We needed to make a call of whether to go inside or outside the Hen and Chicks (outside, good) and Cavallis (outside, bad, allowed Miss Scarlet to catch us by going inside). After that we didn’t have quite enough breeze (TWS 12 kts) to plane deep and hold Miss Scarlett, so we ended up with a respectable third across the line, punctuated with a finish-line broach, the line felt a little tight for the last gybe-drop in 20 kts before the solid bits of the harbour met us.
We were fortunate to be able to know the area around Terawhiti well with most of our offshore races being in this area and our timing was spot on for the tide change having pushed the boat as much as we could in the fickle winds. At 1.30pm we’d arrived in the right spot and the right time… the tide was at its peak in the right direction and we managed to hook into 6 knots of tide with 4 knots of our own boat speed = 10 knots over ground!. We could see both Ran Tan and Miss Scarlett only a couple of miles away and became rather enthusiastic to try and catch them, actually overtaking Miss Scarlett at one point near Karori light.
As we got to Sinclair Head, we were really close to the lead. Ran Tan and Miss Scarlett were heading southeast to stay in the light breeze, and just ahead of us was a new inshore breeze line, if we could get across 30m of (very) light patch we’d be in this with an excellent chance of first into the harbour. Little to lose, the 4th place boat was a long way back, may as well throw the dice…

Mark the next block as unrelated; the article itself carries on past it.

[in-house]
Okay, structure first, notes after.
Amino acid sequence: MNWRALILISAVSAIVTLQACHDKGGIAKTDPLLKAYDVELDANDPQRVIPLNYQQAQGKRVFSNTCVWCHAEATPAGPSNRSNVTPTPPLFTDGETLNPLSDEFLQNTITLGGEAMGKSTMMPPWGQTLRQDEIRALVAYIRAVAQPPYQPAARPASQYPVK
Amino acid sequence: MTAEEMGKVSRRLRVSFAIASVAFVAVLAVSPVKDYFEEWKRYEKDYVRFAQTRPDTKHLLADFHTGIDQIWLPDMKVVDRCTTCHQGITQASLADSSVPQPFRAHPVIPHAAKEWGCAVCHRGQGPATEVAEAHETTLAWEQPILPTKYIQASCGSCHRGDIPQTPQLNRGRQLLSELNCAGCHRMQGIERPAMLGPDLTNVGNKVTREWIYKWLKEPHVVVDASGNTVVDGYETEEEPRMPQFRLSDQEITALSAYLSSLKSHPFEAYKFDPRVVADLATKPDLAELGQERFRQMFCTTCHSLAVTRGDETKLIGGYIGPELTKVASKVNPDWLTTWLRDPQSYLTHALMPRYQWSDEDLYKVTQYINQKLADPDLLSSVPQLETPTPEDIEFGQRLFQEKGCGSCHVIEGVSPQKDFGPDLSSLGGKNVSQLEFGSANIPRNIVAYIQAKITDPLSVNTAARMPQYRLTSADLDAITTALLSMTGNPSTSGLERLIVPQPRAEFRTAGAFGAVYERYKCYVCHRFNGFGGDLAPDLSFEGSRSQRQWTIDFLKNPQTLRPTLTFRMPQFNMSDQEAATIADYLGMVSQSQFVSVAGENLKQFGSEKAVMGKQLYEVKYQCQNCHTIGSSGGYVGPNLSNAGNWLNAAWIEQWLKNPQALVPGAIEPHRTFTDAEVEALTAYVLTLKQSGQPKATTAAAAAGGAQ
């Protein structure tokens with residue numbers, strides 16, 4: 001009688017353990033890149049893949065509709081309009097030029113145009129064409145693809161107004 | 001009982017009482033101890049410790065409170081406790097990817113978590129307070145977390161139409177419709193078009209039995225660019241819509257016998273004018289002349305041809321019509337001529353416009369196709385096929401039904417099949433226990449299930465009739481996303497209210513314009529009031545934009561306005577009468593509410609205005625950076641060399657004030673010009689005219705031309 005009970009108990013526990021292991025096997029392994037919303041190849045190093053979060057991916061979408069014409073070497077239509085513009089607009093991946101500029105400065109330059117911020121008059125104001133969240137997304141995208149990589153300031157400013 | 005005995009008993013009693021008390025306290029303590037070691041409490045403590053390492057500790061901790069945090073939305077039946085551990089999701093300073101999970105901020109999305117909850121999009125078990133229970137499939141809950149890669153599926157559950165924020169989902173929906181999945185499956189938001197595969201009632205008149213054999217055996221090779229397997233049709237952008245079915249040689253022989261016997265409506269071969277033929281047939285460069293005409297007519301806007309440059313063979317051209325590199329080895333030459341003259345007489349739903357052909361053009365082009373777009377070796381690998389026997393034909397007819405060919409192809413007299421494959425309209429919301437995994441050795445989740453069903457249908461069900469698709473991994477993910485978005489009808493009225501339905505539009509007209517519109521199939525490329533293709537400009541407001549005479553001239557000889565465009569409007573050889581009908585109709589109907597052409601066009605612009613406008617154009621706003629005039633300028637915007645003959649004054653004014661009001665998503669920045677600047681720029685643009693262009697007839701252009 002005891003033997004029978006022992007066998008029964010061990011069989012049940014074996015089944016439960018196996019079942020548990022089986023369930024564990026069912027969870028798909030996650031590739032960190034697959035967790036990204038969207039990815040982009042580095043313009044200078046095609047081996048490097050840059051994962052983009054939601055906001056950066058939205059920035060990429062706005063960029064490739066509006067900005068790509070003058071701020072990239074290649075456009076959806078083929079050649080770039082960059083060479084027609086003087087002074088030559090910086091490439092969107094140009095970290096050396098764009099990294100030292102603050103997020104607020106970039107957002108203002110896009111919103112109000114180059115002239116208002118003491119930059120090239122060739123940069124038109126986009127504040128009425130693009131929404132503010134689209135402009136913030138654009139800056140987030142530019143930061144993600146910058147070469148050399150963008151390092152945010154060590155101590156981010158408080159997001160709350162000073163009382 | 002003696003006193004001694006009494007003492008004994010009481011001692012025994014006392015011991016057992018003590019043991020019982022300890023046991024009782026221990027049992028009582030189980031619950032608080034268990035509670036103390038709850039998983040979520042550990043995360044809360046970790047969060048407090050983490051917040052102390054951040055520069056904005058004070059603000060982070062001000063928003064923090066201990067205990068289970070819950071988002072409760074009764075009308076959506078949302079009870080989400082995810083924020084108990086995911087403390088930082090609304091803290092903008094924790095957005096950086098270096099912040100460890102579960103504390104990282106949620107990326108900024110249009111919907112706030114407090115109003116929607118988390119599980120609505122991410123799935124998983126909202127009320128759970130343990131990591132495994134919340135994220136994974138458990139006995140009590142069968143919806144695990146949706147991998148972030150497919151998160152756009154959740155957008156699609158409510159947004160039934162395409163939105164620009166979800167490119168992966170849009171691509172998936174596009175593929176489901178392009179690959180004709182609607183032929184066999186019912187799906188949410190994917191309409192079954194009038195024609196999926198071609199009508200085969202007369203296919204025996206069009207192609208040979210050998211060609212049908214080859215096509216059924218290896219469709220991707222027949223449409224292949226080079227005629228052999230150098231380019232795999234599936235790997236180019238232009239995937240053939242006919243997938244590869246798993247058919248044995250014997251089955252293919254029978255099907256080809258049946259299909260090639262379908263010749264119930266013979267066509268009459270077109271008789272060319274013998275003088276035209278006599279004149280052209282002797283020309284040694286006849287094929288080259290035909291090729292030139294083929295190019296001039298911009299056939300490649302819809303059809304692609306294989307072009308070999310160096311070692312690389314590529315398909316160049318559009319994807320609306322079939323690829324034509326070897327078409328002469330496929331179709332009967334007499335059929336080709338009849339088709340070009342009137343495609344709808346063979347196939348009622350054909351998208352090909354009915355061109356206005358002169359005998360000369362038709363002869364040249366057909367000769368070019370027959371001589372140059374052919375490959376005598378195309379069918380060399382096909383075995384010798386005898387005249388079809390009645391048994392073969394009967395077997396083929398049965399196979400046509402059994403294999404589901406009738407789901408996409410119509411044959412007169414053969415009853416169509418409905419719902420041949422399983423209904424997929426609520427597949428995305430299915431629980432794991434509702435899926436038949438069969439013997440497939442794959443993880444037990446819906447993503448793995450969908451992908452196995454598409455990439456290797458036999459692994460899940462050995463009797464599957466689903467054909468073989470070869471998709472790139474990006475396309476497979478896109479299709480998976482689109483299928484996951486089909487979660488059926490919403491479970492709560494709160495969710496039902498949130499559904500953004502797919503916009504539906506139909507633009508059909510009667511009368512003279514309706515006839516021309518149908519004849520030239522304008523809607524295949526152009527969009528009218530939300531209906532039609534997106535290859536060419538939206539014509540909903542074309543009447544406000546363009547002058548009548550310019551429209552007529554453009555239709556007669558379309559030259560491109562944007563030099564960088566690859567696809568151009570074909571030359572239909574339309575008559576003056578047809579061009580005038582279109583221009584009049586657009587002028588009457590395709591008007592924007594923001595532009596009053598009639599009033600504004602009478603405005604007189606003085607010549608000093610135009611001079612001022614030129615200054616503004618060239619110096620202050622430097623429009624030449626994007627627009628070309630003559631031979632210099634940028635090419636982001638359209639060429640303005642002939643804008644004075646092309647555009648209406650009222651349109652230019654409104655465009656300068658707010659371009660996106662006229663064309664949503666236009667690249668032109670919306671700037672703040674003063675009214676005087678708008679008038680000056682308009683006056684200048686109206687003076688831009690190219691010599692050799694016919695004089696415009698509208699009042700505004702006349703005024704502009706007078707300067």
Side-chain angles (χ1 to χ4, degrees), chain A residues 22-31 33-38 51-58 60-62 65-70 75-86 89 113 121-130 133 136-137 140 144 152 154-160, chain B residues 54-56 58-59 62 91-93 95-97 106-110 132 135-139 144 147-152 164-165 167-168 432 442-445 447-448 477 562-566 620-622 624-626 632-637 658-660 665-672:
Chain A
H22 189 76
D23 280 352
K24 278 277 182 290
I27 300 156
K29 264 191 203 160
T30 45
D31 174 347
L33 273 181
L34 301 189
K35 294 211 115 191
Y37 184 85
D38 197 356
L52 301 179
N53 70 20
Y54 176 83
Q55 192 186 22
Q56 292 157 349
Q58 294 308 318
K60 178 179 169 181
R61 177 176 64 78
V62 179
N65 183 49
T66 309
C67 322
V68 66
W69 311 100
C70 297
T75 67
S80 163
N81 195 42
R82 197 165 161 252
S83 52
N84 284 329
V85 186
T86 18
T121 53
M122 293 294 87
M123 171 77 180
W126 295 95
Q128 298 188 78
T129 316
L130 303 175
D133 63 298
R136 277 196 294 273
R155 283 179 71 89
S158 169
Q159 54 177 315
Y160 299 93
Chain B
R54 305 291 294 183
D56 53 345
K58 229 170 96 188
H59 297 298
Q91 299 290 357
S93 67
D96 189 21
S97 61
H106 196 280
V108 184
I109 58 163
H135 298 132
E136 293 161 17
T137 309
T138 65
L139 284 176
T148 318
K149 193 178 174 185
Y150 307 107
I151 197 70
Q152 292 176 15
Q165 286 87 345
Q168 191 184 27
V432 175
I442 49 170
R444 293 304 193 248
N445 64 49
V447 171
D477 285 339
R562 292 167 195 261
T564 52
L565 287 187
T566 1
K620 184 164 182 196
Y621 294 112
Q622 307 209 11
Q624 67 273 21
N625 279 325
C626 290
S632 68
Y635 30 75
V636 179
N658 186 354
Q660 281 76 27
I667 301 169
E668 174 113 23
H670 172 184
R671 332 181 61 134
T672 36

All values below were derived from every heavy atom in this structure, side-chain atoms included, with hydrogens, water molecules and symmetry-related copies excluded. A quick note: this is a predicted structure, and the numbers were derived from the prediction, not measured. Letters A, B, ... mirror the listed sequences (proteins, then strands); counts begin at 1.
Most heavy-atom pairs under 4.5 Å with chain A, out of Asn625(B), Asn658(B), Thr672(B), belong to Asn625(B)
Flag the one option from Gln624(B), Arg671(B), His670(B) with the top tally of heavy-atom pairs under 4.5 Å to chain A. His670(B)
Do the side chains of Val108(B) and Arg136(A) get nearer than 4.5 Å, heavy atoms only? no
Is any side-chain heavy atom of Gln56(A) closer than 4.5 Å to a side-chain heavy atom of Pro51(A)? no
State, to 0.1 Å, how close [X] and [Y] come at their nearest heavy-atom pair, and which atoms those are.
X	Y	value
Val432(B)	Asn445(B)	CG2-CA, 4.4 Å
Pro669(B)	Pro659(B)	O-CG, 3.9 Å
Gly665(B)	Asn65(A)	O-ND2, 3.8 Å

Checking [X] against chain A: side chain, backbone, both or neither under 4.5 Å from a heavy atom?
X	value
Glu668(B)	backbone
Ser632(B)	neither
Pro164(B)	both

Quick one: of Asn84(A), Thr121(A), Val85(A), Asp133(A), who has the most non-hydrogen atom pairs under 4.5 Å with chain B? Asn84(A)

Starting with an A6 out of the harbour in 25 knots that exceeded 40 for just long enough to mess up the fleet, combined with tying the jib halyard over the lazy sheet, all added up to a couple of very nasty broaches and the A6 fabric melted onto the forestay. At one point the A6 was pumping the rig really hard - so the priority became getting the runner on before the mast fell off, rather than getting the boat upright, resulting in a very slow recovery in the harbour entrance and calls to the coast guard.
Then we started doing better, and caught up, not far northeast of Palliser. By now it was very light wind again, 3 knots or so, and a bit choppy.
Then Ran Tan (50 feet) overtook us on our port side and Celadon (52 feet) on starboard. We looked for weed on rudders/keel, couldn’t see any, and figured they were faster in the choppy water and light air than us since we were lighter and shorter.
Several hours later, at dawn, and with much of the fleet well ahead of us again in still very light wind, we saw the big bit of kelp on the starboard rudder that was the culprit.
It was easy enough to get off, then we just stopped in our own private wind hole, for nearly six hours. It was heartbreaking watching more than half of the fleet, which we should have been near the front of, disappearing over the horizon.
The light air torture wasn’t quite over. The restart was delayed until there was at least some breeze, but it wasn’t exactly solid wind.